Petrie died tragically after falling off a twenty foot ladder. He was taken to the local hospital where the doctor pulled a bottle of medicine out of an open box and administered it to Petrie for the pain. This turned out to be a completely different medication, triggering a diabetic coma from which he died two days later.
During our nation’s bicentennial, the local Women's Club commissioned Petrie to paint a mural within the courthouse that would depict the sweep of Grant County history. Petrie’s homosexuality was not a great secret. Because of this, a local fundamentalist preacher years later would punch a hole in the mural, claiming the loinclothed Indian depicted therein was homoerotic.
On my way back home, I stopped over in Laurel Mississippi, best known today for Ben and Erin Napier and their Home Town on HGTV. Let me just say that Ben and Erin are in no danger of running out of homes to restore in the town. While there, I visited the Lauren Rogers Museum.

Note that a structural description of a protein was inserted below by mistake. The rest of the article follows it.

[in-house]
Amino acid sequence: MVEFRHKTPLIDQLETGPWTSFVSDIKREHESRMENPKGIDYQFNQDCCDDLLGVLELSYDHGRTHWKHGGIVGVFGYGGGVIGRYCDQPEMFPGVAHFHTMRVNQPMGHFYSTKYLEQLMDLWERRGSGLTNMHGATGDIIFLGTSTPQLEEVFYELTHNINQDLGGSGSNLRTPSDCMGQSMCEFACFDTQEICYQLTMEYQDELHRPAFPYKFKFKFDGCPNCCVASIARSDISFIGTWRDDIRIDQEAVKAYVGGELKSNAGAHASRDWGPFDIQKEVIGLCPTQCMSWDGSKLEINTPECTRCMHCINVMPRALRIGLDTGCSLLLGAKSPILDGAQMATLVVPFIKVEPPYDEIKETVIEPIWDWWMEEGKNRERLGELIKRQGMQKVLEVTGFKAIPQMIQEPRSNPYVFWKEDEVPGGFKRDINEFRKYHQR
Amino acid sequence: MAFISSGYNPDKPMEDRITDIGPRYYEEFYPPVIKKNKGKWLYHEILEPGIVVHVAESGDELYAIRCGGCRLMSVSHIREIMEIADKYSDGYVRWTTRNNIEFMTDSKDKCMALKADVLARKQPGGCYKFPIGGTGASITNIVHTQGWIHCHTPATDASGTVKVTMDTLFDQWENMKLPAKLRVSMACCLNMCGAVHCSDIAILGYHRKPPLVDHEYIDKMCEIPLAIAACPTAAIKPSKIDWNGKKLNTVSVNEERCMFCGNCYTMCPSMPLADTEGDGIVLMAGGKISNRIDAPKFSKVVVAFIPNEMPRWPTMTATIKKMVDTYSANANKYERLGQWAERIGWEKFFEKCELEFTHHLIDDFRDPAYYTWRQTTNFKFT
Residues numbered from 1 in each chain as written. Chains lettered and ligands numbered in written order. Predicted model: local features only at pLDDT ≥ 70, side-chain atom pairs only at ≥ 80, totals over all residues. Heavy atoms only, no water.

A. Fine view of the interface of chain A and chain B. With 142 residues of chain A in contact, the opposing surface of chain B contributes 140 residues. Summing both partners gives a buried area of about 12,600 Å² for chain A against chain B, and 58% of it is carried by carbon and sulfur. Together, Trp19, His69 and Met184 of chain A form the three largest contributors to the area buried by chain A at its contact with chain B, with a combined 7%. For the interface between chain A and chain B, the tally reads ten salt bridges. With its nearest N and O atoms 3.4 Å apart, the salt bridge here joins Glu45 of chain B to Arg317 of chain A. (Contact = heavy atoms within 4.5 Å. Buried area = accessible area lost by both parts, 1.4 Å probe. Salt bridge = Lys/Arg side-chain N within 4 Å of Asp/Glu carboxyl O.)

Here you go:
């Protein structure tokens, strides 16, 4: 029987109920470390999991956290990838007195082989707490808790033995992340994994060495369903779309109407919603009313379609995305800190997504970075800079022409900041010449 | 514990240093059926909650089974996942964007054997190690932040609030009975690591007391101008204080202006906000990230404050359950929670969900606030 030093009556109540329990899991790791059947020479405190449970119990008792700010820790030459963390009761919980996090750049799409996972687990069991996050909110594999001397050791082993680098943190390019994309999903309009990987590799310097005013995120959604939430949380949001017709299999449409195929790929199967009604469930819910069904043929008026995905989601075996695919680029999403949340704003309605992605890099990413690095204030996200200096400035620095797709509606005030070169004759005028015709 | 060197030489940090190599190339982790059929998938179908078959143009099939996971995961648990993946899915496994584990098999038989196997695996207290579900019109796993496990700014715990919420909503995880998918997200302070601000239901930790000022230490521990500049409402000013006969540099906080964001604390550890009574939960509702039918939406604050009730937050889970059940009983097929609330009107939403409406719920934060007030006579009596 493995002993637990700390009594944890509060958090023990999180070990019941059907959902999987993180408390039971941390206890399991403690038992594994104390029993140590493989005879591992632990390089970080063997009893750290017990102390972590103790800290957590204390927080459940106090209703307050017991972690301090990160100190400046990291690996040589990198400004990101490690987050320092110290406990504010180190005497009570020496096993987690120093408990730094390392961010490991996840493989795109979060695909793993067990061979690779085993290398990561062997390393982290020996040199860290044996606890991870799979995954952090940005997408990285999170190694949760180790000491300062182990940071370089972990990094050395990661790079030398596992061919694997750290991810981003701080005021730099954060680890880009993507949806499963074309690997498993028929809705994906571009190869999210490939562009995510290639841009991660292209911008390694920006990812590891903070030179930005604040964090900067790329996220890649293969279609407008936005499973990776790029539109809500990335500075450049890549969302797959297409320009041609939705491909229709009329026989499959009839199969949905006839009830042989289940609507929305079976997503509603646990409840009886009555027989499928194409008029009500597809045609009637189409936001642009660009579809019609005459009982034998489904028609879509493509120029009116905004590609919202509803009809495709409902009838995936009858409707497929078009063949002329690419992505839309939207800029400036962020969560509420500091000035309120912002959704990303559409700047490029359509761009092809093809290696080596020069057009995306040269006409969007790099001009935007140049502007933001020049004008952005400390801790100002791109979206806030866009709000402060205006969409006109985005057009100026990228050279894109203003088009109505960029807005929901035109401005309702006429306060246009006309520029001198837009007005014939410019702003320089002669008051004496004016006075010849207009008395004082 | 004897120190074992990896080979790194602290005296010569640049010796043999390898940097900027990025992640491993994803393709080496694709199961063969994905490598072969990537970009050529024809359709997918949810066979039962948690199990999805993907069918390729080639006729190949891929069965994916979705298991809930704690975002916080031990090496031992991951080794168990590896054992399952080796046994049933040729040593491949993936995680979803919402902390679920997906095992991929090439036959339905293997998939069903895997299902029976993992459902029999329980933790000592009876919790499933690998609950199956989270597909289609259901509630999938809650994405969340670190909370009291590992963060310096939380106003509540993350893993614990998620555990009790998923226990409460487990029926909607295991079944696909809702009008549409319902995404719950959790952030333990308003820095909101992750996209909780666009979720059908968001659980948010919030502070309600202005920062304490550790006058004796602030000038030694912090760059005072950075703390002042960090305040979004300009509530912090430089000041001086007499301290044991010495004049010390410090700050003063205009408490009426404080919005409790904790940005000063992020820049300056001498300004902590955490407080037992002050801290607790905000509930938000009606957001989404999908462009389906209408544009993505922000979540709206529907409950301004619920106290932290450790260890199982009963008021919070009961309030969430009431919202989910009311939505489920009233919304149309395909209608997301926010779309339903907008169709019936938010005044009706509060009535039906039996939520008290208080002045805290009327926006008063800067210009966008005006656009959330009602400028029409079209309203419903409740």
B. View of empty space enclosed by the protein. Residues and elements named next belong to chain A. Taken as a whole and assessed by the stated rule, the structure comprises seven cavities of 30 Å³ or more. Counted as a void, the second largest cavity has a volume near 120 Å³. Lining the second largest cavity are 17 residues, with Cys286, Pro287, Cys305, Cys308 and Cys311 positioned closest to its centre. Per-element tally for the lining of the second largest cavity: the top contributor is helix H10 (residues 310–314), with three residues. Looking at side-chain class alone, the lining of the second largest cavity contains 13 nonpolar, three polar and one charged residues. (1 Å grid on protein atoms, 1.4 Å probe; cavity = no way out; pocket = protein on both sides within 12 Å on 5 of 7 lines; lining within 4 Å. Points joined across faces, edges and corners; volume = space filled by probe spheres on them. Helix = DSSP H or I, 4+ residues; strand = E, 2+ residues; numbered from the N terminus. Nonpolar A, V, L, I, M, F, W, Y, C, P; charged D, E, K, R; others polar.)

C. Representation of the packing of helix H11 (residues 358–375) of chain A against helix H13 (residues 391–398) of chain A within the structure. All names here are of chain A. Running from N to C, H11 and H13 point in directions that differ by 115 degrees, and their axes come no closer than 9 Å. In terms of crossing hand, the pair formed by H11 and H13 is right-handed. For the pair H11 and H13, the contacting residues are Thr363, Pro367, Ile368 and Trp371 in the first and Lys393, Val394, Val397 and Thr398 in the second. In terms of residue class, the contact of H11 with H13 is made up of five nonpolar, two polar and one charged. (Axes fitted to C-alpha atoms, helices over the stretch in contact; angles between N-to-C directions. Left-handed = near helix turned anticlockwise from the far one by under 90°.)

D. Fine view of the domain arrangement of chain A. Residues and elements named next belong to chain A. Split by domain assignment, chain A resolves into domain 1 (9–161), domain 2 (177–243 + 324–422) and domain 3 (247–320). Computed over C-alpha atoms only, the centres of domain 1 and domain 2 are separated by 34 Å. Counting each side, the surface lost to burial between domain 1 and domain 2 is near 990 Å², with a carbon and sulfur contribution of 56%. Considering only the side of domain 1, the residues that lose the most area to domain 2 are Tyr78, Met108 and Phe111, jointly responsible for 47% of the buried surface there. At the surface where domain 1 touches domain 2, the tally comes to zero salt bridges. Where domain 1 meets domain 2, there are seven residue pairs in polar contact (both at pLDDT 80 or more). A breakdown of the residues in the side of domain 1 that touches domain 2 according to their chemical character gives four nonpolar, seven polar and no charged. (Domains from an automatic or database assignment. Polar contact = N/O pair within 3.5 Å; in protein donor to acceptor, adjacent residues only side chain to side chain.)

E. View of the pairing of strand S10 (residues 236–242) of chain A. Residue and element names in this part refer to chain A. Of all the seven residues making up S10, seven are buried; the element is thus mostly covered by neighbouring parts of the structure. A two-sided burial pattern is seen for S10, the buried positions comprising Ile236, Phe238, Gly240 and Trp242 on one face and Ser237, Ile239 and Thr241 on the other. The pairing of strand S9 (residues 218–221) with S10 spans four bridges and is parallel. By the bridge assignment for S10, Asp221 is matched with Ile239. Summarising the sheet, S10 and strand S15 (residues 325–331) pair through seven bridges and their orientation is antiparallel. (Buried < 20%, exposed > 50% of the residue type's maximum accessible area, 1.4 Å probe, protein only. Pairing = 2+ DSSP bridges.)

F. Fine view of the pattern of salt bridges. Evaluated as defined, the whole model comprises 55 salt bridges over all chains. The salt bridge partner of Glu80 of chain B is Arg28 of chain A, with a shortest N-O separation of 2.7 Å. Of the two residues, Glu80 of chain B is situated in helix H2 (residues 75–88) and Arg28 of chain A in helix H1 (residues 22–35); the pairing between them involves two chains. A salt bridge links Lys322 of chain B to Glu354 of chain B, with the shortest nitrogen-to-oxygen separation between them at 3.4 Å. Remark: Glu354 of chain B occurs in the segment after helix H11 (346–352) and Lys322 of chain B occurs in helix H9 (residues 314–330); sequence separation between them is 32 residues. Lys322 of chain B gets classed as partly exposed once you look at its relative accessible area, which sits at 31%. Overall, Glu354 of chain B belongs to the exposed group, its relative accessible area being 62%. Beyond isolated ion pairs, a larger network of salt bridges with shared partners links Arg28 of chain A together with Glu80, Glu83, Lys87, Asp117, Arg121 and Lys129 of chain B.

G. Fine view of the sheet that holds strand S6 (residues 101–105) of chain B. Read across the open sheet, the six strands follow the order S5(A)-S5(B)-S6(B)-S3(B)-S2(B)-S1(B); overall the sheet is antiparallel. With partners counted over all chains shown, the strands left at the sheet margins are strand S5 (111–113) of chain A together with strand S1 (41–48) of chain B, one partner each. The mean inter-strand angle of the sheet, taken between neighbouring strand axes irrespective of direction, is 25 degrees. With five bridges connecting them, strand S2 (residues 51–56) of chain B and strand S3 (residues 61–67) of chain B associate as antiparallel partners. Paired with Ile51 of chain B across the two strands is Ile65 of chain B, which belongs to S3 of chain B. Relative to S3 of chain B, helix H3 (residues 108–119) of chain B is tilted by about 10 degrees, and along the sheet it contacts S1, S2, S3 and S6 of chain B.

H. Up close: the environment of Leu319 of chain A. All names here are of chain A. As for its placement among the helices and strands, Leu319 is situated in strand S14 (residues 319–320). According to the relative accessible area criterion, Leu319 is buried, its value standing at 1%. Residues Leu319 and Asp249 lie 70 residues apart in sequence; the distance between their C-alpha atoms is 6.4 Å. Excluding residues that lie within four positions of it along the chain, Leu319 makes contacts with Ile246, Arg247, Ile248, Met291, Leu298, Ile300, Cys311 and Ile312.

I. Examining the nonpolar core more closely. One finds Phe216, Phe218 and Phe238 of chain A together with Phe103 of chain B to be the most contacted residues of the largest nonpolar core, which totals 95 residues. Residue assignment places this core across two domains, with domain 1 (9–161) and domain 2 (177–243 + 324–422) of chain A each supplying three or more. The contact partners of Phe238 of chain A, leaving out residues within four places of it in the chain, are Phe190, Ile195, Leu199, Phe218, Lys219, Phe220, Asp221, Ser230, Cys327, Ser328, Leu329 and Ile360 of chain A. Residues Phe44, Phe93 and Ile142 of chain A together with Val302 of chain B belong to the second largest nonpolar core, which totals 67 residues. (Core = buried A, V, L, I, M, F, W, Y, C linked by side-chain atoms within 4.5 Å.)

Laurel has never been the stereotypical Southern town. It was never really plantation country and Jones County (which may or may not have seceded from Confederate Mississippi) was an island of Unionism in a sea of radical Secessionism. Beginning in the 1890s, Laurel boomed as the center for the exportation of yellow pine lumber, making it, for the first time, a center of great wealth. Laurel’s Silk Stocking Row is about three blocks wide and twelve blocks long, and will compare with any wealthy enclave anywhere. Lauren Rogers (1900-1923) was an only child and heir to two immense timber fortunes. He graduated from Princeton, returned home and married in 1921. He was considered to be intellectually gifted and had a great appreciation for art. He and his wife started building their home just north of downtown, but he died suddenly of appendicitis. His grief stricken parents pulled the house back down to the foundation, and then rebuilt it as the Lauren Rogers Museum. They and other wealthy Laurel families established a Foundation, to which they poured money and paintings. The institution also contains his 10,000 book library. They have never charged an entrance fee. I was greatly impressed with this art museum--absolutely remarkable for a town such as Laurel.